Whereas in-patient care for obesity within a national healthcare system for resource reasons is practically obsolete today, an intermediate form of treatment, the day care unit, might merit further interest. A systematic search of Medline until 2 February 2008 was performed using the following search strings: obesity AND (day care OR day-care) AND treatment or obesity AND (ambulatory treatment) or obesity AND (treatment principles) or obesity OR (outpatient treatment). Figure 1 summarizes the results of the systematic search. However, only one article by Westlake et al. from 1974 (41) with a small sample size (n = 14) investigated the effect of day care treatment in adults. In addition, an analysis of current standard textbooks of obesity treatment rarely mentions the day care treatment modality for obesity as an alternative, with the exception for an association with diabetes (4244). Further, in the publications of international congresses on obesity since 1976, there is no direct mentioning of day care treatment for obesity. Since we have used this approach for many years, we were interested to analyse the pros and cons of this option to treat patients (12). One reason would be that in a specialized obesity unit only patients would generally be admitted who have failed

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Citations from search (until February 2008; n = 858) Citations excluded (n = 800) RCTs retrieved for more detailed evaluation (n = 58) RCTs excluded (n = 57): Irrelevant (n = 43) Day care treatment in children (n = 12) Prevalence of obesity in a day hospital (n = 1) Day care in diabetes (n = 1) Potentially appropriate included in systematic review (n = 1)
Figure 1 Summary of article screening and selection process for day care treatment of obesity. RCT, randomized controlled trial.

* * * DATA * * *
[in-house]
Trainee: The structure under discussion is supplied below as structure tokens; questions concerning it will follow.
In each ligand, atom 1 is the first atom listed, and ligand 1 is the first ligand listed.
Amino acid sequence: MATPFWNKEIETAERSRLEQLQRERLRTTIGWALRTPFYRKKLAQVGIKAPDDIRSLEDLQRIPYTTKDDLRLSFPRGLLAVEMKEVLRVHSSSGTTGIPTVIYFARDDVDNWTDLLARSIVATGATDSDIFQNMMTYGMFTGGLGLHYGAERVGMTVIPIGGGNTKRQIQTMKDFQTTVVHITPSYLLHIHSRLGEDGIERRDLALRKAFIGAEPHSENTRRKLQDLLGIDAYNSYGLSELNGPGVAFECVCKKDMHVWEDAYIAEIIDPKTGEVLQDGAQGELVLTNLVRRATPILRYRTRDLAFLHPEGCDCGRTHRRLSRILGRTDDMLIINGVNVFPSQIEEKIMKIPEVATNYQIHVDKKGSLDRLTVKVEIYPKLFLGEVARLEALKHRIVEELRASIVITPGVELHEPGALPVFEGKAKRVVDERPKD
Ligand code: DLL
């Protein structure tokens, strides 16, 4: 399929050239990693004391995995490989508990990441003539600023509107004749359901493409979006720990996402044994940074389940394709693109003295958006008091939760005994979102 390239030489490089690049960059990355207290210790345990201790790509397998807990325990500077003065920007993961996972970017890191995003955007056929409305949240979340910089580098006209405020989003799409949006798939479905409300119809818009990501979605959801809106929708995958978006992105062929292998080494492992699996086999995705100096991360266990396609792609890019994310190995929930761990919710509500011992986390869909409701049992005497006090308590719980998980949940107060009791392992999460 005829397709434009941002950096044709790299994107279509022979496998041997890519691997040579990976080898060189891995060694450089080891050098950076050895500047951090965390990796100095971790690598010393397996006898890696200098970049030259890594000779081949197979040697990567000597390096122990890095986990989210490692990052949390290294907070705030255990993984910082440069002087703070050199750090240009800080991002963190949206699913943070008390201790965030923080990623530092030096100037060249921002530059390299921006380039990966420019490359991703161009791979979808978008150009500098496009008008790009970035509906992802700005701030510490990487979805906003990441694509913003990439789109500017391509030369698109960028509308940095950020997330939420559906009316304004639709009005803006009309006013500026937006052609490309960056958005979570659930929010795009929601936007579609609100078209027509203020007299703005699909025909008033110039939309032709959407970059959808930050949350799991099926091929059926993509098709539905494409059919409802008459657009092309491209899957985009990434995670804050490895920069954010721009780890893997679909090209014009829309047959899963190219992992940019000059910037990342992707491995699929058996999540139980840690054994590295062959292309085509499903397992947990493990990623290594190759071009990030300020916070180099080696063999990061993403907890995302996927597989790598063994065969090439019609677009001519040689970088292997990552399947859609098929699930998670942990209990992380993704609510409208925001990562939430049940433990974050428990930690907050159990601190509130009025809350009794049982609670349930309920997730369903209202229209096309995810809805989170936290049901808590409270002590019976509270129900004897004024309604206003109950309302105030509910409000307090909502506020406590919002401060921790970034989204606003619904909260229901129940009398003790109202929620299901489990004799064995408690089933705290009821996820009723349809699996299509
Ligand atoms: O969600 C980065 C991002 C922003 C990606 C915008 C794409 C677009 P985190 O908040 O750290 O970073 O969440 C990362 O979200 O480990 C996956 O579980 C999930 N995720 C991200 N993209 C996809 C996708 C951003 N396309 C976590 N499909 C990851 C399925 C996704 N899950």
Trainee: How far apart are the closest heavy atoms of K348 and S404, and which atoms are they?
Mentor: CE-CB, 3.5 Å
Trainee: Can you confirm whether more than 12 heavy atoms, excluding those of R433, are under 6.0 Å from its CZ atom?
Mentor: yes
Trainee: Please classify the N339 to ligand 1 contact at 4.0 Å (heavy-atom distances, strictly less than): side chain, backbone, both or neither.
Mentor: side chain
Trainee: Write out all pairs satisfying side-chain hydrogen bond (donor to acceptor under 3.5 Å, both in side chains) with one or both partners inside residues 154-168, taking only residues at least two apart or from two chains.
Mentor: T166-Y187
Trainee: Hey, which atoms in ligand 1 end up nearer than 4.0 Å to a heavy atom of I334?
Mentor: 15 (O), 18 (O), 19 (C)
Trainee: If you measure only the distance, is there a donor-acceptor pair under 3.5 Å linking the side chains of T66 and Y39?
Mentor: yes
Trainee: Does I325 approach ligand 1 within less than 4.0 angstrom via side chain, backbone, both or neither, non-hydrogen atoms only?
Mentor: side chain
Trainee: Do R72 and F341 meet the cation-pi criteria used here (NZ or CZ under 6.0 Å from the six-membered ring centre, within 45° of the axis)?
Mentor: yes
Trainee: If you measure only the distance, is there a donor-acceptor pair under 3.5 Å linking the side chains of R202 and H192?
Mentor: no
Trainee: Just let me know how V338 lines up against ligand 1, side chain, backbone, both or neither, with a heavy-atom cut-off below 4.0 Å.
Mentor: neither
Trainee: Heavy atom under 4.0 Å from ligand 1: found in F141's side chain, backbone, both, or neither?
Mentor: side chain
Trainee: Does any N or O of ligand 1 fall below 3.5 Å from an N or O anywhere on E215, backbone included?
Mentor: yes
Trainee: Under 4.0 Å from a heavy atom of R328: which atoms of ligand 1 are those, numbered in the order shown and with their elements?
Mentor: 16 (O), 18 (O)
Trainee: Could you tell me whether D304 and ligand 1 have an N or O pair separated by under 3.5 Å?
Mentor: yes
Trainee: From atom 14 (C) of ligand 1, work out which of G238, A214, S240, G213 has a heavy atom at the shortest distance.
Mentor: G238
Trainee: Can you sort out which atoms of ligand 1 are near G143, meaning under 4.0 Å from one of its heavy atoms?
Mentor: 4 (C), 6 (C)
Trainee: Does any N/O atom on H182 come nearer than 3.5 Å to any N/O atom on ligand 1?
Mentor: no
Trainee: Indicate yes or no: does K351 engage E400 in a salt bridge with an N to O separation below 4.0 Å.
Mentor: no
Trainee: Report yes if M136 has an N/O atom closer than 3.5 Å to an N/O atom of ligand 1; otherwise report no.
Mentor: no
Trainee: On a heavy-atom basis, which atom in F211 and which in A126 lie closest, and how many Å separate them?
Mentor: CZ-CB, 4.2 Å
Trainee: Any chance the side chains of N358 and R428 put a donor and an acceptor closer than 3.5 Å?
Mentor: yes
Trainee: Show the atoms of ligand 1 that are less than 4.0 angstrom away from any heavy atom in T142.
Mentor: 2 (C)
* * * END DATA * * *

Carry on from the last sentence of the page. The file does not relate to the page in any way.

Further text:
elsewhere. Thus already from the beginning we will anticipate that the patient group will be more resistant to behavioural modication than a group that has not previously undergone repeated attempts to lose weight but failed. The day care programme was developed in response to the need for some patients, for whom weekly sessions were insufcient to maintain motivation for profound lifestyle changes. During a certain period, the day care unit constituted the major long-term weight-loss programme at the obesity unit, where patients were admitted in groups of 810 individuals. Attempts were made to make groups reasonably homogenous as regards age, underlying metabolic complications, personality problems, etc. Occasionally, groups consisting mainly of patients with more homogenous complication patterns were formed, such as polycystic ovary disease, sleep apnoea or eating disorders. As always, most applicants to the programme were women, but attempts were made to over-recruit men, who in general had much more severe risk patterns than the women. The benets of having only one gender at a time in a group were discussed in-depth, but generally there was agreement that mixed groups were more natural, resulted in fruitful discussions between the sexes and also developed a correct social behaviour in the patients to shape up and adhere to the protocol. The patients invited to the day care programme would typically have access to physicians, nurses, dieticians, physiotherapists, health educators and also some access to a psychologist. The same day of the week patients would typically come to the unit for a full day starting with a healthy breakfast and a morning lecture. This would be a presentation by one of the team members about pertinent problems related to the ongoing programme, such as hunger and appetite, food selection, changes in physical activity capacity, stigmatization, outside frustration, etc., and would be based on the manual developed at the unit by Melin (45). Every week, patients would go home with a